Test results show coal dust rules working, agency says |
Local Stories

Test results show coal dust rules working, agency says

Guy Wathen | Trib Total Media
FILE: U.S. Secretary of Labor Thomas E. Perez, left, and Assistant Secretary of Labor for Mine Safety and Health Joseph A. Main speak to the media following a visit to Alpha Natural Resources' Cumberland Mine in Waynesburg on Monday, Dec. 1, 2014.

Tougher federal limits on coal dust that are set to become stricter next month appear to be helping clear the air for miners working underground, regulators said Monday.

A review of about 20,000 air samples collected with equipment required by new rules from the Mine Safety and Health Administration shows 99 percent were in compliance with dust limits, and 98 percent would meet a more stringent standard set to take effect Aug. 1 as part of a third phase of the rules, the agency announced.

“It’s continued good news on implementation of the rule, in terms of both compliance and the ability of the industry to comply, and the benefit miners are getting from this to really prevent black lung disease,” MSHA administrator Joseph Main, an assistant labor secretary, told the Tribune-Review. “For those who believe this rule is not achievable, the results of the numbers tell otherwise.”

The agency in 2014 issued controversial rules targeting dust in mines in an effort to limit new cases of black lung disease, a name given to a group of potentially fatal breathing ailments linked to coal mining. Industry groups challenged the rules in court, saying they would be impossible to implement and would not protect workers.

“The truth is, miners are still getting this disease because we have not been controlling dust,” Main said, noting there have been 500 new cases reported since 2010.

The first phase of the dust rules standardized the air sampling that coal companies must conduct, and a second phase that took effect Feb. 1 increased the frequency of those tests while requiring miners to carry new personal, tamper-proof monitors.

The air samples reviewed by MSHA were collected between April 1 and June 30 from those monitors, which provide real-time results.

“This is a state-of-the-art, game-changing tool that, instead of waiting days or weeks to get results back from a lab, the miners now know in real-time, as does the mine operator, so they can fix the dust problems during the shift,” Main said about the monitors.

The third phase, which takes effect next month, lowers the legal limit for dust in the air by 25 percent to 1.5 milligrams per cubic meter.

Critics, including Ohio-based coal producer Murray Energy Corp., challenged the rules in court, arguing MSHA was overreaching its authority and that the lower limit would not improve the health of miners.

When the 11th Circuit Court of Appeals upheld the rules in January, Murray said the regulations were “technologically infeasible, and will destroy thousands of coal-mining jobs.” Murray decided not to appeal the ruling to the Supreme Court and did not provide further comment on MSHA’s air test results.

The National Mining Association also challenged the rules. Spokesman Luke Popovich said the industry group is pleased by the test results.

“The results are gratifying and a testament to the combined efforts of operators and regulators, as MSHA acknowledges,” he said. “That said, we still have concerns with MSHA’s new personal dust monitors and how operationally effective they will be since they’ve only been in use for about five months.”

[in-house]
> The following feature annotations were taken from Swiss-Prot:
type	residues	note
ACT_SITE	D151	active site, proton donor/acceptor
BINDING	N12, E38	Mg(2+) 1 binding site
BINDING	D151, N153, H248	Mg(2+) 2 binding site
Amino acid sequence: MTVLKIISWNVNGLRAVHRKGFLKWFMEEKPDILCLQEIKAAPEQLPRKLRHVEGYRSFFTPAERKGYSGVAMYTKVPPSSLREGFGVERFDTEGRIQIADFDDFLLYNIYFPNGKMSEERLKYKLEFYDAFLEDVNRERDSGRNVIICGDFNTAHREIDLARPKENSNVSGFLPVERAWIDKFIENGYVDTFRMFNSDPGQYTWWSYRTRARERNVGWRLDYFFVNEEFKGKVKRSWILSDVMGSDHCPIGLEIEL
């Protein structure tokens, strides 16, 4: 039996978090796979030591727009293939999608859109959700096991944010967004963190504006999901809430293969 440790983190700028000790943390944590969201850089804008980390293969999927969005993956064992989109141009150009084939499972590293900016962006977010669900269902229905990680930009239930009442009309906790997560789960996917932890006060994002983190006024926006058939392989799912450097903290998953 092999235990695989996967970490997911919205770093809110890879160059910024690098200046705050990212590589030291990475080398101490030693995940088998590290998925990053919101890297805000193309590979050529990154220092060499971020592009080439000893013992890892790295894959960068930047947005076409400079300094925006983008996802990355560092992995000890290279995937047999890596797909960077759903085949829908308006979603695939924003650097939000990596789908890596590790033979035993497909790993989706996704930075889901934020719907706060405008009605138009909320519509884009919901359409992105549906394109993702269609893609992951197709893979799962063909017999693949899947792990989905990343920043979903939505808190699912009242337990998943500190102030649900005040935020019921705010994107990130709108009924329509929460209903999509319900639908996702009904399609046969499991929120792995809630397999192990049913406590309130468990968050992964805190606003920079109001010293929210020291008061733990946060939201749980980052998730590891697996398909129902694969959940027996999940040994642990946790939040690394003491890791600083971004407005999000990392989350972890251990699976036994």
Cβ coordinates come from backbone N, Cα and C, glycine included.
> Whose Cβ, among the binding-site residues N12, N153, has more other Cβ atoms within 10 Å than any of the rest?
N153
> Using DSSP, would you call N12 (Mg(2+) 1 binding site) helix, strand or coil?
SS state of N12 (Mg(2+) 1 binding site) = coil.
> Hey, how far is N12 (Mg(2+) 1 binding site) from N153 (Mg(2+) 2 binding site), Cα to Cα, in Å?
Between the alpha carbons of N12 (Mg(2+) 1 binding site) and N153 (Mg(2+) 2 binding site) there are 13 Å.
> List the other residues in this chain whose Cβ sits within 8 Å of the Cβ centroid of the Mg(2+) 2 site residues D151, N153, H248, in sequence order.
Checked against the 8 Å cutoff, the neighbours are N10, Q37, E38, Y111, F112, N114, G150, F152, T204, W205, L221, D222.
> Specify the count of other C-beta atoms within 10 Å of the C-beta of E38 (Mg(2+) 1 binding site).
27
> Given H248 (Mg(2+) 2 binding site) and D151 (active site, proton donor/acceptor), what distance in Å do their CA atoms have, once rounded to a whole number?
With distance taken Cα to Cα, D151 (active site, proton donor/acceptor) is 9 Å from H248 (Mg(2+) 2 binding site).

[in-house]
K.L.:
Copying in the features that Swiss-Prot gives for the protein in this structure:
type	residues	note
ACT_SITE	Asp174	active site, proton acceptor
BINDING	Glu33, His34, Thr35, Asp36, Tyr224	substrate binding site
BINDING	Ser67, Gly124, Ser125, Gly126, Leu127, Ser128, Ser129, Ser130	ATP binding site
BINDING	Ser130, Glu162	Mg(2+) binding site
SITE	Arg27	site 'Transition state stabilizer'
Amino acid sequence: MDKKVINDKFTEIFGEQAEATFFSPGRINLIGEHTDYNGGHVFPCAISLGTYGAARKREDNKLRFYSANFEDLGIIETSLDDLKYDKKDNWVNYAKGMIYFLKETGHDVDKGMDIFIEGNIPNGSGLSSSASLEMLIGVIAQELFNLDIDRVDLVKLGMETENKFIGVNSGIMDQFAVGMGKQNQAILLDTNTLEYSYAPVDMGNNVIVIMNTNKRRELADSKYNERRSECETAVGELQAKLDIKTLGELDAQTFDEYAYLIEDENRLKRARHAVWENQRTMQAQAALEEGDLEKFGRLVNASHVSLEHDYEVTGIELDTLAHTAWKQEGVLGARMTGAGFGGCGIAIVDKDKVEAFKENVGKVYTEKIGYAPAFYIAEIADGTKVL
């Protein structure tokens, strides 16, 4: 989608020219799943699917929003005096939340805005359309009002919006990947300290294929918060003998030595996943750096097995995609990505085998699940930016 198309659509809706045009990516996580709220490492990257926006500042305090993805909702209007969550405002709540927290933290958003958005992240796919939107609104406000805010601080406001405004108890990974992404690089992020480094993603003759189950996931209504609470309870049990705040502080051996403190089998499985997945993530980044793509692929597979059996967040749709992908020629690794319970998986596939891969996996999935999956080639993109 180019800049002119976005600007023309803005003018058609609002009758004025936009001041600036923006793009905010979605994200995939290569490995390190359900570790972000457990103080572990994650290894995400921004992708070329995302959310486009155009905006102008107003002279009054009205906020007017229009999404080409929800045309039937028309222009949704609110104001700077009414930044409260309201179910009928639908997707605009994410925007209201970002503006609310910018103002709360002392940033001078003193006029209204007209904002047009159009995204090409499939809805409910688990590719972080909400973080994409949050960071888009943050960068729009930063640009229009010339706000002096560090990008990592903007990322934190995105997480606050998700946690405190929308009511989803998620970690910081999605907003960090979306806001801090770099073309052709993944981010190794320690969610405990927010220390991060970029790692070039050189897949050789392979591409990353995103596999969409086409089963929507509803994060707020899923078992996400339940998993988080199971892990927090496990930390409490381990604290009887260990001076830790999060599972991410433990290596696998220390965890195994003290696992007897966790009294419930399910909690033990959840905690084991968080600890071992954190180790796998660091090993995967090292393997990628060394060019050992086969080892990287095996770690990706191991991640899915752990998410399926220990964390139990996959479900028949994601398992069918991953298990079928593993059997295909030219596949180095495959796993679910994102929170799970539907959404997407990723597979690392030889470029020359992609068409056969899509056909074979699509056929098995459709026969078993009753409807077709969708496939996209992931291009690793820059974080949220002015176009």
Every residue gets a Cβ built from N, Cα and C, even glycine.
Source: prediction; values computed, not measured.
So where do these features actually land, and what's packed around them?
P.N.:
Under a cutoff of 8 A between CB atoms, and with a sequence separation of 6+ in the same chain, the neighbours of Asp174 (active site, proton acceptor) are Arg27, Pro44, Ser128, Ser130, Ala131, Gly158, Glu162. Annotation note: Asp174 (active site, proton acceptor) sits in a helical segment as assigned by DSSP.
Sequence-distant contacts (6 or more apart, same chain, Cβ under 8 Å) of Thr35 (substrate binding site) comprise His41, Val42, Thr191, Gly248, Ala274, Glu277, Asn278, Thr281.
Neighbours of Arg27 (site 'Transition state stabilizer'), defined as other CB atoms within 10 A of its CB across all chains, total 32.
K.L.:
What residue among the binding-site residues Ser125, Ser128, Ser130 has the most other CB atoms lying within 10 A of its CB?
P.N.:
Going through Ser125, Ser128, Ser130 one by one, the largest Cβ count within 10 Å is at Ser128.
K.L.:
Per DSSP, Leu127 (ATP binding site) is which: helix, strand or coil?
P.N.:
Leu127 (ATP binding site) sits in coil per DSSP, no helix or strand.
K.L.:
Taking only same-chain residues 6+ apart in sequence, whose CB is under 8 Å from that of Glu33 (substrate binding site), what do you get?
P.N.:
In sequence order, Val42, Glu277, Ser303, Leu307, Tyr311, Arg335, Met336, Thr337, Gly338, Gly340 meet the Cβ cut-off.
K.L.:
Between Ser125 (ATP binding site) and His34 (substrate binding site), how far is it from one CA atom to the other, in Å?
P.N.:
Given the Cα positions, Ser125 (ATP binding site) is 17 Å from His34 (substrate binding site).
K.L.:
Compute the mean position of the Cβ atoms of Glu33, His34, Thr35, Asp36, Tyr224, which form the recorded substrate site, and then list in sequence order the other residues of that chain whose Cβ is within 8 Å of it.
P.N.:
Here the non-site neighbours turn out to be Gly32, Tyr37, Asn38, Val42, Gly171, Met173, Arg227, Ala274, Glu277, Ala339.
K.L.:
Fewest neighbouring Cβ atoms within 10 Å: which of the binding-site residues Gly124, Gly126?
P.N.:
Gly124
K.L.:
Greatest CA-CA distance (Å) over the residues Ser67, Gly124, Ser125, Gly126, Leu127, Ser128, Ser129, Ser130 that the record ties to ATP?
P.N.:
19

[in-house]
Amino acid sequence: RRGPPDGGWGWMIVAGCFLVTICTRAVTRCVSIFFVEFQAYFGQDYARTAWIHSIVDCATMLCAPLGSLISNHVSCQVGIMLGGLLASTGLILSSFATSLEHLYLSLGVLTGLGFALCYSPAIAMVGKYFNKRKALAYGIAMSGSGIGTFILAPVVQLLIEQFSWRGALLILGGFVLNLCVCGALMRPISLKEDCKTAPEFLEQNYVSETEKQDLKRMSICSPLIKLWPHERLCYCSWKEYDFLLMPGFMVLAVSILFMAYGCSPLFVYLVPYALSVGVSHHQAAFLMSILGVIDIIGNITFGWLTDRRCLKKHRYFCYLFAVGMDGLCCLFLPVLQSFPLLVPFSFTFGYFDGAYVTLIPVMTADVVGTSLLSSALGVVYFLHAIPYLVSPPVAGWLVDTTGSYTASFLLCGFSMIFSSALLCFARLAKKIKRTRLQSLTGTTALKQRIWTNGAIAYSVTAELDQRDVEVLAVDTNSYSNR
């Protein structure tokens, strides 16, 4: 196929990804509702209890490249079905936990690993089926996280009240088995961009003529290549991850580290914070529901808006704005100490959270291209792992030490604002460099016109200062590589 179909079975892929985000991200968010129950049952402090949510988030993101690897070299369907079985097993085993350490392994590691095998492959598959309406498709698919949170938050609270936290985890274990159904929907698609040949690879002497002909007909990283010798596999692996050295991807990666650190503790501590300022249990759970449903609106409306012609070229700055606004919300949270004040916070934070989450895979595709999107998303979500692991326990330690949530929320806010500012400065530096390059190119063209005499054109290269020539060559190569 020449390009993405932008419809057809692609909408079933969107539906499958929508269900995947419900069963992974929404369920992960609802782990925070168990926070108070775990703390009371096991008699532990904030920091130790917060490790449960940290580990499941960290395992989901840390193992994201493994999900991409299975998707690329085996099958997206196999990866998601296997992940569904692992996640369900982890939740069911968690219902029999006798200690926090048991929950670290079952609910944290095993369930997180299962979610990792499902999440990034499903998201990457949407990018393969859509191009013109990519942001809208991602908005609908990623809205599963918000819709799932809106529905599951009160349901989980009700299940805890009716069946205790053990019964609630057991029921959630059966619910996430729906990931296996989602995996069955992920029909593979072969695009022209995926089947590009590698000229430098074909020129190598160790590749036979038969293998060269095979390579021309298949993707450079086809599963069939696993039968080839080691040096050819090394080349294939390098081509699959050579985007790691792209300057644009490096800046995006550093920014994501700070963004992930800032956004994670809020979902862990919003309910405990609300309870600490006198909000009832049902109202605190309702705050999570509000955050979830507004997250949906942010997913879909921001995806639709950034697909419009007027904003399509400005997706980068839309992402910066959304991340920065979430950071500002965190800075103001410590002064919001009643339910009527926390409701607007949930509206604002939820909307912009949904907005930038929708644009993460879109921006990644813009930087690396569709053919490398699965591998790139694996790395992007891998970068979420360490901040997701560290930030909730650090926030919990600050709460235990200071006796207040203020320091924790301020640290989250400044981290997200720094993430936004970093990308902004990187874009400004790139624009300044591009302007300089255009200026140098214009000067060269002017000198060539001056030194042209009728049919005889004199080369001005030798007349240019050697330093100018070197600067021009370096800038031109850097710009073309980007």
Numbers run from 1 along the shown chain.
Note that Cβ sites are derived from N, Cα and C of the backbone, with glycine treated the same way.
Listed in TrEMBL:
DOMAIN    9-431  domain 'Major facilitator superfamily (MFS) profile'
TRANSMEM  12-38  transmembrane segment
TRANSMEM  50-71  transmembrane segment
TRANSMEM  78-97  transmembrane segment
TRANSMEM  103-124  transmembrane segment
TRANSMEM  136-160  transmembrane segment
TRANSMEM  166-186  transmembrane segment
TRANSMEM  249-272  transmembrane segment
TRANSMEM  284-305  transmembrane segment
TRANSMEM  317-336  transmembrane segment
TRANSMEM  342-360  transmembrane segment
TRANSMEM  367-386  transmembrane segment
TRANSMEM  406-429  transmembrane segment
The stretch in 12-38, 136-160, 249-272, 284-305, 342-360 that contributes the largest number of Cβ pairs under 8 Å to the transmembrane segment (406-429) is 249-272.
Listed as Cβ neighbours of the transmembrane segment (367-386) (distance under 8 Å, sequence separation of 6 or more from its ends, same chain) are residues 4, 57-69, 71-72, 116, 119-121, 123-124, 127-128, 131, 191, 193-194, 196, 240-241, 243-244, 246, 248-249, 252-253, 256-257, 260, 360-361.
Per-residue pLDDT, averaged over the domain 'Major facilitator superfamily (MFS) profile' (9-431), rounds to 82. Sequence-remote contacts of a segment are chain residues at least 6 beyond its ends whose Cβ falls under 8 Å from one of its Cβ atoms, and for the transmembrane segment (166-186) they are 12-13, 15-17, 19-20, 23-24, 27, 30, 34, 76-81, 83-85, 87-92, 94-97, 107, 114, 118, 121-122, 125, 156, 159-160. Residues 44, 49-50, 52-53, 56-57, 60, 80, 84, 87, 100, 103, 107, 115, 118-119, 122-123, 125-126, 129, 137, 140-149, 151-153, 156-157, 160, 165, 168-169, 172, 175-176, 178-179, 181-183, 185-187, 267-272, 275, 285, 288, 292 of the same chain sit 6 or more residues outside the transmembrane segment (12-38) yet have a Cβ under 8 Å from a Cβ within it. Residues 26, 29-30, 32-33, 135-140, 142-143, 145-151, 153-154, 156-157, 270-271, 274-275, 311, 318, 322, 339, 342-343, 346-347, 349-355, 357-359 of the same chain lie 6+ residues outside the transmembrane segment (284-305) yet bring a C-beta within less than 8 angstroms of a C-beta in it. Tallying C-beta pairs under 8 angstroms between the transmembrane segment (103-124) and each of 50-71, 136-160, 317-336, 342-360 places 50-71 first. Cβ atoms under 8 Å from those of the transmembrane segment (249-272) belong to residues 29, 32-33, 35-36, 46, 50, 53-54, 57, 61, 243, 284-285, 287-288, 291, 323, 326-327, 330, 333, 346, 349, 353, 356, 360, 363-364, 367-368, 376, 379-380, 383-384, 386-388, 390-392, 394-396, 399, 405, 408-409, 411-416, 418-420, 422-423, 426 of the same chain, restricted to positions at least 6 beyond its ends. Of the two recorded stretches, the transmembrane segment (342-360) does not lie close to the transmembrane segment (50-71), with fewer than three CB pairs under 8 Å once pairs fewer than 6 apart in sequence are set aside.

The MSHA test findings mirror an analysis of previous samples done by the United Mine Workers of America when the first part of the rules took effect, union spokesman Phil Smith said.

“This demonstrates that it’s not difficult for responsible operators to comply with this rule,” he said.

David Conti is the assistant business editor at the Tribune-Review. Reach him at 412-388-5802 or [email protected].

TribLIVE commenting policy

You are solely responsible for your comments and by using you agree to our Terms of Service.

We moderate comments. Our goal is to provide substantive commentary for a general readership. By screening submissions, we provide a space where readers can share intelligent and informed commentary that enhances the quality of our news and information.

While most comments will be posted if they are on-topic and not abusive, moderating decisions are subjective. We will make them as carefully and consistently as we can. Because of the volume of reader comments, we cannot review individual moderation decisions with readers.

We value thoughtful comments representing a range of views that make their point quickly and politely. We make an effort to protect discussions from repeated comments either by the same reader or different readers

We follow the same standards for taste as the daily newspaper. A few things we won't tolerate: personal attacks, obscenity, vulgarity, profanity (including expletives and letters followed by dashes), commercial promotion, impersonations, incoherence, proselytizing and SHOUTING. Don't include URLs to Web sites.

We do not edit comments. They are either approved or deleted. We reserve the right to edit a comment that is quoted or excerpted in an article. In this case, we may fix spelling and punctuation.

We welcome strong opinions and criticism of our work, but we don't want comments to become bogged down with discussions of our policies and we will moderate accordingly.

We appreciate it when readers and people quoted in articles or blog posts point out errors of fact or emphasis and will investigate all assertions. But these suggestions should be sent via e-mail. To avoid distracting other readers, we won't publish comments that suggest a correction. Instead, corrections will be made in a blog post or in an article.